“Inverted yield curve no longer reliable recession flag, strategists say”

That’s the title of an article by S. Ganguly for Reuters.

Nearly two-thirds of strategists in a March 6-12 Reuters poll of bond market experts, 22 of 34, said the yield curve’s predictive power is not what it once was.

Here’s a picture of spreads, up to March 14th.

Figure 1: 10 year minus 3 month Treasury spread (blue), 10 year minus 2 year (tan), both in %. March for data through 3/14. Source: Treasury via FRED, and author’s calculations.

For comparison’s sake, note that the Great Recession was preceded by an inversion that started a year and a half before the NBER defined peak.

Figure 2: 10 year minus 3 month Treasury spread (blue), 10 year minus 2 year (tan), both in %. NBER defined peak-to-trough recession dates shaded gray. Source: Treasury via FRED, NBER, and author’s calculations.

We are currently about a year and a half from when the 10yr-2yr spread went negative, So I would say it’s still too early to say we’re safe, despite the apparent strength of the economy right now (well, as of February’s data).

Why do some economists discount the inversion’s predictive power this time around?

“If you have these two things going on together – insatiable demand for the long-end from real money like pension funds and the Fed keeping front-end rates higher because of the resilience of the economy – the curve will stay inverted for a while.”

I interpret this meaning the typical correlation between inversion and recession breaking down because the term premium on long bonds is smaller than usual. Consider:

then the 10 year- 3 month term spread is:

With the tp term smaller than usual, then the pure EHTS rate might be higher than for a typical inversion.

While the low or negative term premium argument sounds plausible, adjusting the spread by an estimated term premium (Kim-Wright 10 year from FRED, series THREEFYTP10), doesn’t seem to change our view of how inversions correlate with subsequent recessions.

Figure 3: 10 year minus 3 month Treasury spread (blue), 10 year minus 3 month adjusted by estimated Kim-Wright term premium (pink), both in %. NBER defined peak-to-trough recession dates shaded gray. Source: Treasury, Kim-Wright via FRED, NBER, and author’s calculations.

Hence, I join Cam Harvey (who brought to prominence the yield curve as recession predictor) who says it’s too early to drop the recession call.

10 thoughts on ““Inverted yield curve no longer reliable recession flag, strategists say”

  1. Macroduck

    Low term premium on long-duration debt could simply indicate a high uncertainty about the economic outlook.

    Point estimate of funding cost + point estimate of future inflation + term premium = nominal rate.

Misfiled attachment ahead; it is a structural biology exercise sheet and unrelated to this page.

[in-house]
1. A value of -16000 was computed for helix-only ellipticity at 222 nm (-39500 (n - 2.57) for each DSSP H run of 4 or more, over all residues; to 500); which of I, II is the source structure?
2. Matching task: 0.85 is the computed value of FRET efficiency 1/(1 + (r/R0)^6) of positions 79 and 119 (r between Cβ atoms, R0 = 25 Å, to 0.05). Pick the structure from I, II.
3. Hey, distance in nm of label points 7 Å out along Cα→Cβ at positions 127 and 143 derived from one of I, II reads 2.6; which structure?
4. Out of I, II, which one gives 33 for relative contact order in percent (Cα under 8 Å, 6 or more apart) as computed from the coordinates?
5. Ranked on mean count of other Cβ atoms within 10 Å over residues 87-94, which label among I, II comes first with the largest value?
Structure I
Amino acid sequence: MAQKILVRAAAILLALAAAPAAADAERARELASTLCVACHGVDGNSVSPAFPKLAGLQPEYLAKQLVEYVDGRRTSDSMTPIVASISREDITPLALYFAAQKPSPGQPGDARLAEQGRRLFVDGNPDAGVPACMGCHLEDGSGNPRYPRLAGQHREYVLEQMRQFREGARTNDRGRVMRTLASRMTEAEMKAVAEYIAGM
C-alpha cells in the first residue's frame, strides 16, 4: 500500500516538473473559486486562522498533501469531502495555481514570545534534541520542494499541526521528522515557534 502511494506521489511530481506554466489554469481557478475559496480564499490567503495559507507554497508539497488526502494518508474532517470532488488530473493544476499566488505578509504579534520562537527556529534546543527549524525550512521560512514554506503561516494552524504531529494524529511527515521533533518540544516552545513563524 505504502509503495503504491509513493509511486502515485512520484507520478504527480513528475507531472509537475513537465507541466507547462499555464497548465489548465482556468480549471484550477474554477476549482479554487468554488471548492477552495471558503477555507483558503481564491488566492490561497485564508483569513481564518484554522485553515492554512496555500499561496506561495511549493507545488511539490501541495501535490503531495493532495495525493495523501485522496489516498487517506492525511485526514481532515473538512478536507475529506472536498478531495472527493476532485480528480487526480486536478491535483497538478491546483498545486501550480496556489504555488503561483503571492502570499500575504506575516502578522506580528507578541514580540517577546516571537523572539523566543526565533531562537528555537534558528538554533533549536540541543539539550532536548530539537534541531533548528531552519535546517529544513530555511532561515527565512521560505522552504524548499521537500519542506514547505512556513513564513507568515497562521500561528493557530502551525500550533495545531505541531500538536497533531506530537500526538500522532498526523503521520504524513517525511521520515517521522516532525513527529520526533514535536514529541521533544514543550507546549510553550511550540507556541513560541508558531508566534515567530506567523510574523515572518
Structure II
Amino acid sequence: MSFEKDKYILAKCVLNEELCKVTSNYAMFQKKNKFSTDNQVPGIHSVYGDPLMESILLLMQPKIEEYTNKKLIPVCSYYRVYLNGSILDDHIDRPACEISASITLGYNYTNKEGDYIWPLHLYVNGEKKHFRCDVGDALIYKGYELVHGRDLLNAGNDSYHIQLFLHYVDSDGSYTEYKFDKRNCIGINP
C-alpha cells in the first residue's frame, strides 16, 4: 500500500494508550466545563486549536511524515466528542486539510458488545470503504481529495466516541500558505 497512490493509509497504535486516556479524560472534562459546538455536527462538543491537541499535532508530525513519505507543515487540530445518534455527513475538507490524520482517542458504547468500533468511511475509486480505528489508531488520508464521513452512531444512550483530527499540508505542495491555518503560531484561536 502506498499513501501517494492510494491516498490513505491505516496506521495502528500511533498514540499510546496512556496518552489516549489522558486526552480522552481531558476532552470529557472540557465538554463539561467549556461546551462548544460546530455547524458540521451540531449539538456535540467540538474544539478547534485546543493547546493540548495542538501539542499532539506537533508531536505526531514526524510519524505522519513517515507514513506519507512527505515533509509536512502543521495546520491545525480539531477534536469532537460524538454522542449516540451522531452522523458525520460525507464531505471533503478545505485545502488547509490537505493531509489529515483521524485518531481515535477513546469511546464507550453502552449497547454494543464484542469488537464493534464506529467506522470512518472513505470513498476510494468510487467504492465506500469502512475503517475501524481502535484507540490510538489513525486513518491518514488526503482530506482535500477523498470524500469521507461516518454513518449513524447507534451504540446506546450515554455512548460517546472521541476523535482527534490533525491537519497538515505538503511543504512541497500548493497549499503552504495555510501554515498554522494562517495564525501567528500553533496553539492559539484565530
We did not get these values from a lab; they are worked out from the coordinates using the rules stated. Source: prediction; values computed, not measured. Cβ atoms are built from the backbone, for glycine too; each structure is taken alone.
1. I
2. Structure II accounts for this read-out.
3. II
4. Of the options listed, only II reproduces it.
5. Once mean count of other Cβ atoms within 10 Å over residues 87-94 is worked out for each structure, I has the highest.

Anything that isn’t in those two point estimates ends up in term premium, including uncertainty about outcomes. If peceptions of risks are not distributed evenly around those point estimates, but are skewed downward, then low or negative term premium is the result. “Insist demand for the long end” needs to be explained. It does not explain away curve inversion.

  2. Moses Herzog

    Well, I consider myself a “semi-educated” man, Just a Bachelor’s and such a so severe disappointment to my father, I just “let down” my Dad so much. but I seem to remember just like a small small strand, That “great educated men” never hold TOO strong to their own ideas, but still hold some small remaining doubt. Never getting too stuck in their own thing, Always keeping open “I could be wrong about this” That’s how I take this post and Chinn and Hamilton, always taking new ideas in their mind.

    I think that’s pretty great myself.

  3. Macroduck

    The notion that the curve doesn’t predict recession this time* means is that the Fed hasn’t induced a recession this time. It would be an historical oddity for the most rapid series of Fed hikes on record to be associated with continued growth, but it could happen. If the most rapid rate hike cycle in Fed history doesn’t cause a recession, it does raise questions about the mechanism by which inflation was snuffed out.

    If the Fed has quelled inflation, shouldn’t the jobless rate be more Sahm-like than it is? Isn’t that how rate policy is assumed to work? If the mechanism by which the Fed controls inflation is by reducing final demand, which reduces labor demand, don’t we have good reason to think something else uas cased inflation to slow? If we live in a structurally low-inflation economy – one in which a sub-4% jobless rate isn’t inflationary – did we need the Fed to risk a recession?

    Dollar strength helps, and is partly due to Fed rate policy, but also partly due to the U.S. growing well while other economies grow poorly or shrink. Fiscal policy tightening helps, and the Fed gets no credit there. Oil prices falling helps – thanks mostly to China, not the Fed except for some increment of dollar strength. Supply chains being put right accounts for much of the slowing of inflation, and the Fed gets no credit.

    Lots of fodder for research in this stuff.

    *”This time is different.” Heaven help us.

    1. Moses Herzog

      The drinking guy, and semi-fool mentally slow guy in the room (that’s me, like I had to explain) says, “fiscal policy and interest rate policy aren’t the same, and if we divide the two in our analysis, we will understand neither”

      —the anti-Satan, anti-LarrySummers

  4. Ivan

    “This time is different” usually isn’t – but who knows, maybe this time ….

    I think there are too many factors driving the short and the long bond rates to expect the two to be able to define a rock hard rule about their correlation to the weird and soft concept called a recession. Maybe a cheese soft rule, but not a rock hard one.

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